The "plaza" in front of the memorial has a continuation of the many, many names on the Walk of Honor.


We will return to this site in the future, there is a lot here and it deserves to be seen.

I have said previously that my buddy Steve and I have run into situations before where memorials we had info on turned out to be incorrect and we have talked about and learned a bit about persistence. What started out as an effort to photograph what was by all accounts a rather small, somewhat nondescript memorial turned from disappointment to finding this wonderful site honoring so many.

Next time, on the 4th of May, we will return to Virginia, so join me there, as always, at 9:00am.

To see additional memorials from Pennsylvania, or any other state, please click on the state name on the left side of this page.

Sunday, April 24, 2022

Oregon XIX

One more in the Faces of Remembrance series on this site. 

Oregon City is the home to this unassuming, difficult to find memorial to one who was awarded the Medal of Honor. My buddy, Steve, and I drove around for quite sometime attempting to locate it. We finally pulled into a parking lot in the area and were about to ask for some help when we spied it, off in a corner, in a copse of trees. 

I've written about the memorial itself before and you can find that post here.

Today, as is the focus of this subset of posts, just the face.


Here is some additional info regarding this hero:

SPECIALIST 4 DAHL WAS ASSIGNED TO 359TH TRANS CO, 27TH TRANS BATTALION, 8TH TRANS GROUP. HE WAS KILLED IN ACTION WHILE ASSIGNED AS A MACHINE GUNNER ON A GUN TRUCK NEAR AN KHE, BIN DINH PROVINCE, 23 FEBRUARY 1971. AN ENEMY HAND GRENADE WAS THROWN INTO DAHL'S TRUCK AND REALIZING THE DANGER, DAHL'S TRUCK AND REALIZING THE DANGER, DAHL SHOUTED TO HIS COMPANIONS AND THREW HIMSELF DIRECTLY ONTO THE GRENADE HE SAVED THE LIVES OF THE OTHER MEMBERS OF THE TRUCK CREW WHILE SACRIFICING HIS OWN. FOR HIS COURAGE, CONCERN AND EXTRAORDINARY HEROISM, SPECIALIST LARRY DAHL WAR AWARDED THE CONGRESSIONAL MEDAL OF HONOR POSTHUMOUSLY.
 
This information was taken from the Memorial Day foundations site. Check out this important organization here: 

https://www.memorialdayfoundation.org/
 
 Medal of Honor Recipient Larry G. Dahl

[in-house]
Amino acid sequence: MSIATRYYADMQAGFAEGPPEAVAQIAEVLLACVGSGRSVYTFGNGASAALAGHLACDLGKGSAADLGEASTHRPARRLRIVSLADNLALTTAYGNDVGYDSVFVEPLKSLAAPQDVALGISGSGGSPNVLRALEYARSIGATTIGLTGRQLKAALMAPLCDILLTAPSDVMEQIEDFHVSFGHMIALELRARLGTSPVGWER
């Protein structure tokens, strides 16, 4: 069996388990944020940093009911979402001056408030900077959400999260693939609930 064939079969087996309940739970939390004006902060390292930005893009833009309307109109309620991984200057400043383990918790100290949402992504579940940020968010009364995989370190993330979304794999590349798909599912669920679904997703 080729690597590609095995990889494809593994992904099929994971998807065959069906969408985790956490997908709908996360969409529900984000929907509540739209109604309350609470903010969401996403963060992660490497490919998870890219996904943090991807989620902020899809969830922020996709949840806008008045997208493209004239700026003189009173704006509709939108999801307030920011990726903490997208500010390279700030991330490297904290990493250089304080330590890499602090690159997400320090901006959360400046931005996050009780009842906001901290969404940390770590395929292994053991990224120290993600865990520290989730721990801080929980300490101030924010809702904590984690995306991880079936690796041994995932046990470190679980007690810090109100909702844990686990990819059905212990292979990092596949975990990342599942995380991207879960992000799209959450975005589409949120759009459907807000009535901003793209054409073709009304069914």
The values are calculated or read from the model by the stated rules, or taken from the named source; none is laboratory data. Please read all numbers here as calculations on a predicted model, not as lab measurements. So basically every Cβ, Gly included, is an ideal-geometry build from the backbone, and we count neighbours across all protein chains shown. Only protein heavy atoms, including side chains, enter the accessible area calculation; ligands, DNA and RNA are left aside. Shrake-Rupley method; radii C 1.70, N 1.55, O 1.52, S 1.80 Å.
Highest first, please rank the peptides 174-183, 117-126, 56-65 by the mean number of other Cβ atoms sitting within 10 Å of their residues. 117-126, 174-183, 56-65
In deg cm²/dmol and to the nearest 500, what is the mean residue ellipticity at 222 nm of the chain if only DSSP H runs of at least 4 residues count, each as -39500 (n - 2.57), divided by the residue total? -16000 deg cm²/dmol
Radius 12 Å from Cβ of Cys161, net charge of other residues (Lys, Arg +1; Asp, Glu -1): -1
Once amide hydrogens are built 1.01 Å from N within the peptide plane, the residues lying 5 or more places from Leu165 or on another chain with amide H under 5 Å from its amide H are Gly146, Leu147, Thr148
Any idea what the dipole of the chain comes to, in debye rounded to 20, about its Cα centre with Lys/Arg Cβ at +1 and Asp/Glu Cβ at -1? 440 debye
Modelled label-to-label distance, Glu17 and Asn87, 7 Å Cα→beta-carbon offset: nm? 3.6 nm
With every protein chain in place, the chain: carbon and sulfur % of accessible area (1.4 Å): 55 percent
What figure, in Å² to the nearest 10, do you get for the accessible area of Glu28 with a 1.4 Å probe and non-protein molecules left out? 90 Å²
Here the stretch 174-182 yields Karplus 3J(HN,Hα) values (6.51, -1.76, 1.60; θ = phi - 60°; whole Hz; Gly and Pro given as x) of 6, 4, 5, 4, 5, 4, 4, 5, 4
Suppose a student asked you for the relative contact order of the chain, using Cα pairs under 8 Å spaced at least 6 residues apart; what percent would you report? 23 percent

Here is a photo I found on the Congressional Medal of Honor website.
 
The memorial may be found near the intersection of Tumwater Drive and S. 2nd Street.

Next time, on the 29th, we will return to Pennsylvania, so join me there, as always, at 9:00am.

To see additional memorials from Oregon, or any other state, please click on the state name on the left side of this page.

Tuesday, April 19, 2022

North Carolina XVIII

High Point is a city about 20 miles southwest of Greensboro. Known by many as the furniture manufacturing capitol of the country and it is also home to many sports stars, writers, entertainers and James Dickey, author of Deliverance. Interestingly, it also the only city in North Carolina that lies in four countys.

The memorial there is a multi-war memorial honoring several different wars.


The memorial sits upon a plaza that is covered with the names of many who served and a variety of supporters.

No names on the memorial itself, but we are remembered among the several other 20th Century involvements listed here.

Next time, on the 24th, we will return to Oregon, so join me there, as always, at 9:00am.

To see additional memorials from North Carolina, or any other state, please click on the state name on the left side of this page.

Thursday, April 14, 2022

New York XXVII

Once again I find myself in a quandary. I have asked my readers to send me pics of sites not seen on A Means to Heal, and some of you have done so (thank you again). I am still interested in anything you might have!

My friend Mike Minnick who has so unselfishly shared his pics in the past sent me the ones that follow. They are from Berne, New York, but that is all I know. I have searched and searched the internet, but as is so often happens, I cannot find a single word about them.

As always, I appeal to you: please contact me if you know any information, there is an email on the left side of this page.


Obviously, they are from what is called a multi-war memorial, but it, also, seems that there is a statue, perhaps of a fireman.


This particular type of memorial, in case you have not been here before, is called a Field Cross. Its origins date back to the Civil War and was a way for soldiers to mark where a comrade was lost. It is interesting sometimes to visit memorial sites and note the subtle changes in these markers through the years. It becomes quite natural to be able to tell what war a soldier was lost in by the type of boots, rifle or helmet that is depicted.

As stated this is a multi-war memorial and the names inscribed upon the bricks honor so many, from so many wars and service.

This small sample represents and honors those listed, and those not, for their willingness to serve their fellow man.

Next time, on the 19th, we will revisit North Carolina, so meet me there, as usual, at 9:00am.

To see additional memorials from New York, or any other state, please click on the state name on the left side of this page.